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Divided Cyprus Moves a Step Closer To Unity

Rival Cypriot leaders agreed to reopen a landmark street running through the heart of Cyprus's divided capital in a meeting Friday, March 20, to kickstart peace talks, top UN representative Michael Moller said.

Ledra Street in Nicosia

Ledra Street in Nicosia no longer has the wall, but is still blocked because of military patrols

Leaders of Cyprus' Greek and Turkish communities agreed on Friday to relaunch reunification talks and opened a street that symbolizes the island's division. The meeting between the two men raised hopes that are also crucial for Turkey's bid to join the European Union.

Reading from a joint statement issued by Cypriot President Demetris Christofias and Turkish Cypriot leader Mehmet Ali Talat, Moller said "the leaders have also agreed that Ledra Street will as soon as technically possible open and function in accordance with the established practices at other crossings."

Demetris Christofias

Demetris Christofias waves to supporters after elections on Feb. 17

Speaking later in the day, Nicosia Mayor Eleni Mavrou said she was hopeful the street would be reopened by the end of the month.

"Technical work will begin on Monday and I'm optimistic that the crossing at Ledra Street will open by March 31," she told state radio.

Ledra Street has been a symbol of the decades-old conflict between Greek Cypriots and Turkish Cypriots, with Christofias calling it the heart of Nicosia, the world's last divided capital.

"Reduce the gap in the soul"

Last year, the Greek Cypriots tore down their side of the concrete barrier on the pedestrian street inside the old city's 600-year-old Venetian walls. Turkish Cypriot authorities demolished their side in 2005.

Following Moller's intervention, the Greek and Turkish-Cypriot authorities hammered out a deal to open the barricaded street.

Ledra Street

Ledra Street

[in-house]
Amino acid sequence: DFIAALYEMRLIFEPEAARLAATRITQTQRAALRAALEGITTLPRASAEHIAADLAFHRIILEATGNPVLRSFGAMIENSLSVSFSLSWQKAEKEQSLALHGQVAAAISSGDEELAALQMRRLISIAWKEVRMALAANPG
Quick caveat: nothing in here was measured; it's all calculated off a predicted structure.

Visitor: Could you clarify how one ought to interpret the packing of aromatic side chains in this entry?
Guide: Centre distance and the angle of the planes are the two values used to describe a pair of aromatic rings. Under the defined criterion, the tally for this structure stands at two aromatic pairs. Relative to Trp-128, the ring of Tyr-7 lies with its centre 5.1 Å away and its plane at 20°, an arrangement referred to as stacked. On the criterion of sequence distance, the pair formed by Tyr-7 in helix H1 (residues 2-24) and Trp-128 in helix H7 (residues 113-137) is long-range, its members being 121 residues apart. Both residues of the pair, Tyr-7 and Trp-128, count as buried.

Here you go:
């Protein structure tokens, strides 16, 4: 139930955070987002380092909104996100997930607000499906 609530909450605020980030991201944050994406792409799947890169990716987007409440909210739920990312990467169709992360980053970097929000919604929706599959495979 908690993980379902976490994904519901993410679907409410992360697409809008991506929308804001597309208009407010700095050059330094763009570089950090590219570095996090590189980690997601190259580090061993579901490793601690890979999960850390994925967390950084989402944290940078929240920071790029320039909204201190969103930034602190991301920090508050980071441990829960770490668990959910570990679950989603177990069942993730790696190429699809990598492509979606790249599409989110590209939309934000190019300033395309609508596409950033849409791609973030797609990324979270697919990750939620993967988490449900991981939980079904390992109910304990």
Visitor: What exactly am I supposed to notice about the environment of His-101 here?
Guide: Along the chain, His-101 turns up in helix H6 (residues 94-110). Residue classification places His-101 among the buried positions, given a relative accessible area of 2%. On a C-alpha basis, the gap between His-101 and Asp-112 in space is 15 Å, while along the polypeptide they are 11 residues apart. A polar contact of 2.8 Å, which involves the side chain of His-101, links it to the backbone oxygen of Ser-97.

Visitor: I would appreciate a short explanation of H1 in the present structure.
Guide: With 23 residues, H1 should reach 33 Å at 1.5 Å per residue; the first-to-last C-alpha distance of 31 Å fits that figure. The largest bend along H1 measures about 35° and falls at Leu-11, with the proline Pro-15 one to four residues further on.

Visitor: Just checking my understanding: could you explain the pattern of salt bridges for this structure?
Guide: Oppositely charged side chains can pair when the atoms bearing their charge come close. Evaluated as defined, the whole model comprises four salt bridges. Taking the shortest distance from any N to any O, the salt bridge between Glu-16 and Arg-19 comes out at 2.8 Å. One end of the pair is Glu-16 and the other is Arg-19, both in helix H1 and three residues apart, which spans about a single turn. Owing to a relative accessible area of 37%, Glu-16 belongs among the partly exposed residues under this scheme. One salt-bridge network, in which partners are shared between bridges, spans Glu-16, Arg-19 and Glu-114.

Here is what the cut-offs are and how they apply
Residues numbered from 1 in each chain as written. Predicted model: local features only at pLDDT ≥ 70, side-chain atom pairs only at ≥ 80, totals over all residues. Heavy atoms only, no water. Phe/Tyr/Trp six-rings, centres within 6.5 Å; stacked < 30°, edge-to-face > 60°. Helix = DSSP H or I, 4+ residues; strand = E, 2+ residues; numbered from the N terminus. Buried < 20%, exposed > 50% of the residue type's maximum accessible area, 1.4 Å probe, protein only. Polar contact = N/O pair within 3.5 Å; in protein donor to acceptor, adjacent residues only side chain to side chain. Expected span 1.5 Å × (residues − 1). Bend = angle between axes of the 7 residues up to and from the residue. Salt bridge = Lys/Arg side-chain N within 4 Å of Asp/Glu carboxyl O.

It will be the sixth crossing point opened since April 2003 when Turkish Cypriots for the first time lifted entry restrictions for Greek Cypriots.

The announcement came at a meeting between newly elected Christofias, the Greek Cypriot leader, and Talat at which they also agreed to start formal negotiations in three months' time to seek an end to the Mediterranean island's 34-year division.

Speaking ahead of the anticipated deal on reopening Ledra Street, Christofias said "this opening is very welcome. By tradition it is the heart of Nicosia, the heart of the people of Nicosia. It will bring further communication with people in order to reduce the gap in the soul and heart of the people.

"It will convey the message that leaders are ready to make a step forward to a solution. I'm ready, it's to Talat to tell me."

Last March, the border post on the southern side of the street was demolished.

Four decades of peacekeepers

The barricades were among the first erected after intercommunal violence flared in the city in 1963. At the start of 1964, UN peacekeeping troops arrived on the island and have remained ever since.

UN peacekeepers walk along so-called Green Line separating Turkish and Greek Cypriot communities

UN peacekeepers walk along so-called "Green Line" separating Turkish and Greek Cypriot communities

The two sectors stand only around 50 meters (yards) apart at Ledra Street but it may take several days for the crossing to be opened as the area must be cleared of landmines and the buildings made safe after decades of neglect.

Cyprus has been divided along ethnic lines since 1974 when Turkey seized its northern third in response to an short-lived, Athens-engineered Greek Cypriot coup in Nicosia aimed at uniting the island with Greece.

A UN bid to reunite the island failed in 2004 when the Greek Cypriots voted against the plan in a referendum, although the Turkish Cypriots voted overwhelmingly in favor. Nicosia Municipality said it would need at least five days to complete the works which are expected to be carried out by Greek Cypriot and Turkish Cypriot municipalities of Nicosia in conjunction with the United Nations.

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